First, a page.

The rest of the YPG tease promising arcs, but they are not filled in. One is a writer, who after years of journals, stories and poems, has concluded “war sucks,” and knows how shallow it is. The series is not without a sense of humor. Even Antoine, who spends most of the series in a state of overwhelmed ennui, gets in a good line. When a former Marine called Captain America, who is fighting for the YPJ, waxes poetic about the Zen of sniper stealth, Antoine wants to capture it on video while the soldier is on a roll. When Captain America starts the exact spiel over again, about how he is a Sphynx, a rock, when his cheek is pressed against his AK-57, Antoine can barely keep a straight face. But for the most part, the YPJ fighters are commissioned to ululate uniforms.

“No Man’s Land” also only teases the possibilities of a series about foreigners getting caught up in the Syrian revolution. Antoine’s search for his sister could have made for a missing person mystery like the film “Missing,” with Sissy Spacek and Jack Lemmon. According to the best evidence, Anna died during a terrorist attack in Cairo a few years before Antoine went looking for her. The question of whether she faked her death is fodder enough for a foundation of suspense. Antoine doesn’t even tell his wife Lorraine he’s off to Turkey to look for his sister until long after his fixer, Talal (Mouad Lasmak), tries to sell him to ISIS. Antoine doesn’t speak Arabic, and doesn’t understand the intricacies of the war. On the other side, people Antoine doesn’t even know bring in elements of foreign intrigue. With the unraveling of James Purefoy’s character Stanley, the series teases the possibilities of a good political thriller. By splitting the focus, the film loses force. 

Created by Amit Cohen (“False Flag”), Ron Leshem (“Euphoria”), Eitan Mansuri (“When Heroes Fly”) and Maria Feldman, “No Man’s Land” begins with title cards summarizing the basics of the Syrian civil war. Syrian citizens rose up against the military leadership of President Bashar al-Assad. Syrian rebel groups were backed by the U.S., Great Britain, Israel, France, and Turkey. Since the fighting began, more than 13 million Syrians have since become refugees. The landscapes are both beautiful and jarring.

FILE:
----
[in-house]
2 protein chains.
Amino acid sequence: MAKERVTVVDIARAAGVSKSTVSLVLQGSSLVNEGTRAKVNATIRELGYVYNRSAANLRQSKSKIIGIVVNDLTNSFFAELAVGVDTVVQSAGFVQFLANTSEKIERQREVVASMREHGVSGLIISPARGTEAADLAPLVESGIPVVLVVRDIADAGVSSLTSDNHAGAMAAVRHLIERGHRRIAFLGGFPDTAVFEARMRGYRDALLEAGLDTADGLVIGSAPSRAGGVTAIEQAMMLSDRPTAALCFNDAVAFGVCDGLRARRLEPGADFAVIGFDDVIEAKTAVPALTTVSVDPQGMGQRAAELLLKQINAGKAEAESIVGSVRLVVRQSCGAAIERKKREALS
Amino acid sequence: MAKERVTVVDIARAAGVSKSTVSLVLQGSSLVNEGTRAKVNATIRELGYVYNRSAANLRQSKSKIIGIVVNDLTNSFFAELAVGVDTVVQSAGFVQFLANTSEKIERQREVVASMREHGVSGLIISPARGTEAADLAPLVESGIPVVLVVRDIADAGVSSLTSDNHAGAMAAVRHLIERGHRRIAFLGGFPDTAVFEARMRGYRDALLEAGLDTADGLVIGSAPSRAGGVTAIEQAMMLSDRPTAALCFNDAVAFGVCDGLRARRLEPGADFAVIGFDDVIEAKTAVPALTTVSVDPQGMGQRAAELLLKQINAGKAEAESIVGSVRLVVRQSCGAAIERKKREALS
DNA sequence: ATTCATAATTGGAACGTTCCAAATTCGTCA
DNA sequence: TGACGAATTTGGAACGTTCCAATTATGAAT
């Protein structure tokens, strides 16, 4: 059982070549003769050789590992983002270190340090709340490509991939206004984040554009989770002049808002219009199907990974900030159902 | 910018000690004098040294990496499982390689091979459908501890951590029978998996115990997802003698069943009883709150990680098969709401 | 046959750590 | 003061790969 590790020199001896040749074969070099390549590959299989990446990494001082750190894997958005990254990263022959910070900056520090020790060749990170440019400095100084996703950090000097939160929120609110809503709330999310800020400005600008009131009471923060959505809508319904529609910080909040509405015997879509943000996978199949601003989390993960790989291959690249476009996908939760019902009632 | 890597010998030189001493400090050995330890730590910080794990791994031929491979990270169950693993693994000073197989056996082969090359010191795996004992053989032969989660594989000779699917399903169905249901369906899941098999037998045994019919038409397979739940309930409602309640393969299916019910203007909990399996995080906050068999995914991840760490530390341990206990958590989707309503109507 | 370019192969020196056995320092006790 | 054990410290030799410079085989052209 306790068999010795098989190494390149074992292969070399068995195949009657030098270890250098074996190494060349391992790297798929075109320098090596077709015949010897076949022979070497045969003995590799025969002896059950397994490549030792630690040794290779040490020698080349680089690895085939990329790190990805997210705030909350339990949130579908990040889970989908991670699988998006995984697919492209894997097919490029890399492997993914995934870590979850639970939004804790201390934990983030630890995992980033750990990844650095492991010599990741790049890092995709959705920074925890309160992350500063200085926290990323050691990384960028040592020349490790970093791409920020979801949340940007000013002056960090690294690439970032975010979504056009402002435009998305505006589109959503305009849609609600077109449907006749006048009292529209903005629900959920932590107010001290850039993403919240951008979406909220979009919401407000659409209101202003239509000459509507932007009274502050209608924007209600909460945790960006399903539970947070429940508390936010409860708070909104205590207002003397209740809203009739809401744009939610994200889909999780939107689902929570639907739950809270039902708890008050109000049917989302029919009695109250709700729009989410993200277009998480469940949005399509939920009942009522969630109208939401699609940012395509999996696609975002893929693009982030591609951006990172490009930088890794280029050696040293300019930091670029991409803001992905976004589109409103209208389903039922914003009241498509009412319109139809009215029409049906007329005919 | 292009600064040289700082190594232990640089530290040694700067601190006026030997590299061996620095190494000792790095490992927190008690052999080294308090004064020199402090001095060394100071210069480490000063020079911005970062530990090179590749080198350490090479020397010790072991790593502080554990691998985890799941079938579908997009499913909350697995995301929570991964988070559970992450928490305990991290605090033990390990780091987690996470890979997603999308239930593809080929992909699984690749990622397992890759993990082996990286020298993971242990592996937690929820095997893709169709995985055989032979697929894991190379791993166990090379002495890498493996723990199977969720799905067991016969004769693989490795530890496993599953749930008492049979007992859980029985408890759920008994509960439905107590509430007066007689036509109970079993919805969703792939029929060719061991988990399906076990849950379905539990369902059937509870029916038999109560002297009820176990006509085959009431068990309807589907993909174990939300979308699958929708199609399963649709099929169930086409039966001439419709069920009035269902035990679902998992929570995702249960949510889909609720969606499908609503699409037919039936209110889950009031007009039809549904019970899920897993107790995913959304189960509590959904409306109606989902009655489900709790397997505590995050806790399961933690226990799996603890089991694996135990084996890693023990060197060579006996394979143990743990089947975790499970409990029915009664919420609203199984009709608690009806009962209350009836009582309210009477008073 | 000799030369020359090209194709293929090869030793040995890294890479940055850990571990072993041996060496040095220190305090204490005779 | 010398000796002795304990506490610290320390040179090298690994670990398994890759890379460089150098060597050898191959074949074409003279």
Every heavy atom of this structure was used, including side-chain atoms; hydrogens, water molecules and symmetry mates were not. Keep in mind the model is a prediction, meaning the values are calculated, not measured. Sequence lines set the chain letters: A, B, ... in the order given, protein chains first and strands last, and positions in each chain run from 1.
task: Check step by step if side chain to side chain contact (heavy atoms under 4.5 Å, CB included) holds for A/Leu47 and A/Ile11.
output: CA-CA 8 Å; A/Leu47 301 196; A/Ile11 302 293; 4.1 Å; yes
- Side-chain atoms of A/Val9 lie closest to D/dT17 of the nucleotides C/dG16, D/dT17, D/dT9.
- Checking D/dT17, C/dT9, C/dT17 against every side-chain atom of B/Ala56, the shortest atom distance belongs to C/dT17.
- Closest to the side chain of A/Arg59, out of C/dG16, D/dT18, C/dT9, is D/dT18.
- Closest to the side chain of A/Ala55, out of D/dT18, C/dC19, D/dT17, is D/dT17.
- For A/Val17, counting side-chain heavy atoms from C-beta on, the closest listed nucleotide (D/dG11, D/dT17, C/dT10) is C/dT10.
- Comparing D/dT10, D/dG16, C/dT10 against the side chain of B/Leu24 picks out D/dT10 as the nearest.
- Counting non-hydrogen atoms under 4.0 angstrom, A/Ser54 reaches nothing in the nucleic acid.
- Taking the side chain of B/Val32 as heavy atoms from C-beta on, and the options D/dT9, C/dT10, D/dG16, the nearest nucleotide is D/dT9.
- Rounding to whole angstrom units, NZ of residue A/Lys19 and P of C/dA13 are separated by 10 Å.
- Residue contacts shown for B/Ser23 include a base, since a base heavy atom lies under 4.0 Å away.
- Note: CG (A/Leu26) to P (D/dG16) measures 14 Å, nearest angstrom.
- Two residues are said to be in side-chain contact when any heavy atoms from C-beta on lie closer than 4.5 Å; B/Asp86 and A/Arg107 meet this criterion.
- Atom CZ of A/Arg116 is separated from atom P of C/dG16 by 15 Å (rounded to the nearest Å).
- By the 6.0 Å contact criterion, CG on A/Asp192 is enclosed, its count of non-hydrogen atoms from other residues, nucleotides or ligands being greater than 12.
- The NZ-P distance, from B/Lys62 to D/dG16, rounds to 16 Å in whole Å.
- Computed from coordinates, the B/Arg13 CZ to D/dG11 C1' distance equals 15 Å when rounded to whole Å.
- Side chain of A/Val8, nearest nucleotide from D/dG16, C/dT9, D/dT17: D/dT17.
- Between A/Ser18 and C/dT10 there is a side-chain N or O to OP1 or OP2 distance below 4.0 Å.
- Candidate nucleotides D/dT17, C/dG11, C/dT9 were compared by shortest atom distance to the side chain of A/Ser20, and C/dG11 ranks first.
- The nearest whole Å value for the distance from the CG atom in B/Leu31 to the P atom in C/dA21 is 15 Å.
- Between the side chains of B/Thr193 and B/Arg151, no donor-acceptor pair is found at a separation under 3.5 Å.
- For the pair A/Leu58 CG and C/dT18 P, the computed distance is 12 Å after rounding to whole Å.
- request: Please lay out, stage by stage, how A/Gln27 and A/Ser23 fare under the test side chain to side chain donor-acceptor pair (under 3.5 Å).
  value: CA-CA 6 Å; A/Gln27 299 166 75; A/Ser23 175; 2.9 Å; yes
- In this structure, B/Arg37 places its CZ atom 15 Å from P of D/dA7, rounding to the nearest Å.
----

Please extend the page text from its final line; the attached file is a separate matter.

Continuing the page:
“No Man’s Land” is certainly a loud movie. It is anchored by intense action scenes followed by bearded men firing machine guns and rifles into the air while screaming “Allahu Akbar.” They also do this whenever a visitor comes into camp, or meals are served. It’s a wonder more terrorists aren’t killed by their own bullets during the off season. Don’t those bullets have to come down somewhere? The backgrounds are filled in through flashbacks but the show offers no insight on why foreigners join the battle for the Islamic caliphate. We have no idea how the British jihadis became radicalized, beyond how the white kid’s first reaction to the Koran as a child is “This book is sick.” But how do they get from that place to quoting “For there will be from my people those who desire fornication, silks, liquor and music … And god destroyed them” before burning the last piano in the region is a mystery. At least they know the infidels will ultimately win.

No Man’s Land”begins streaming Nov. 18 on Hulu.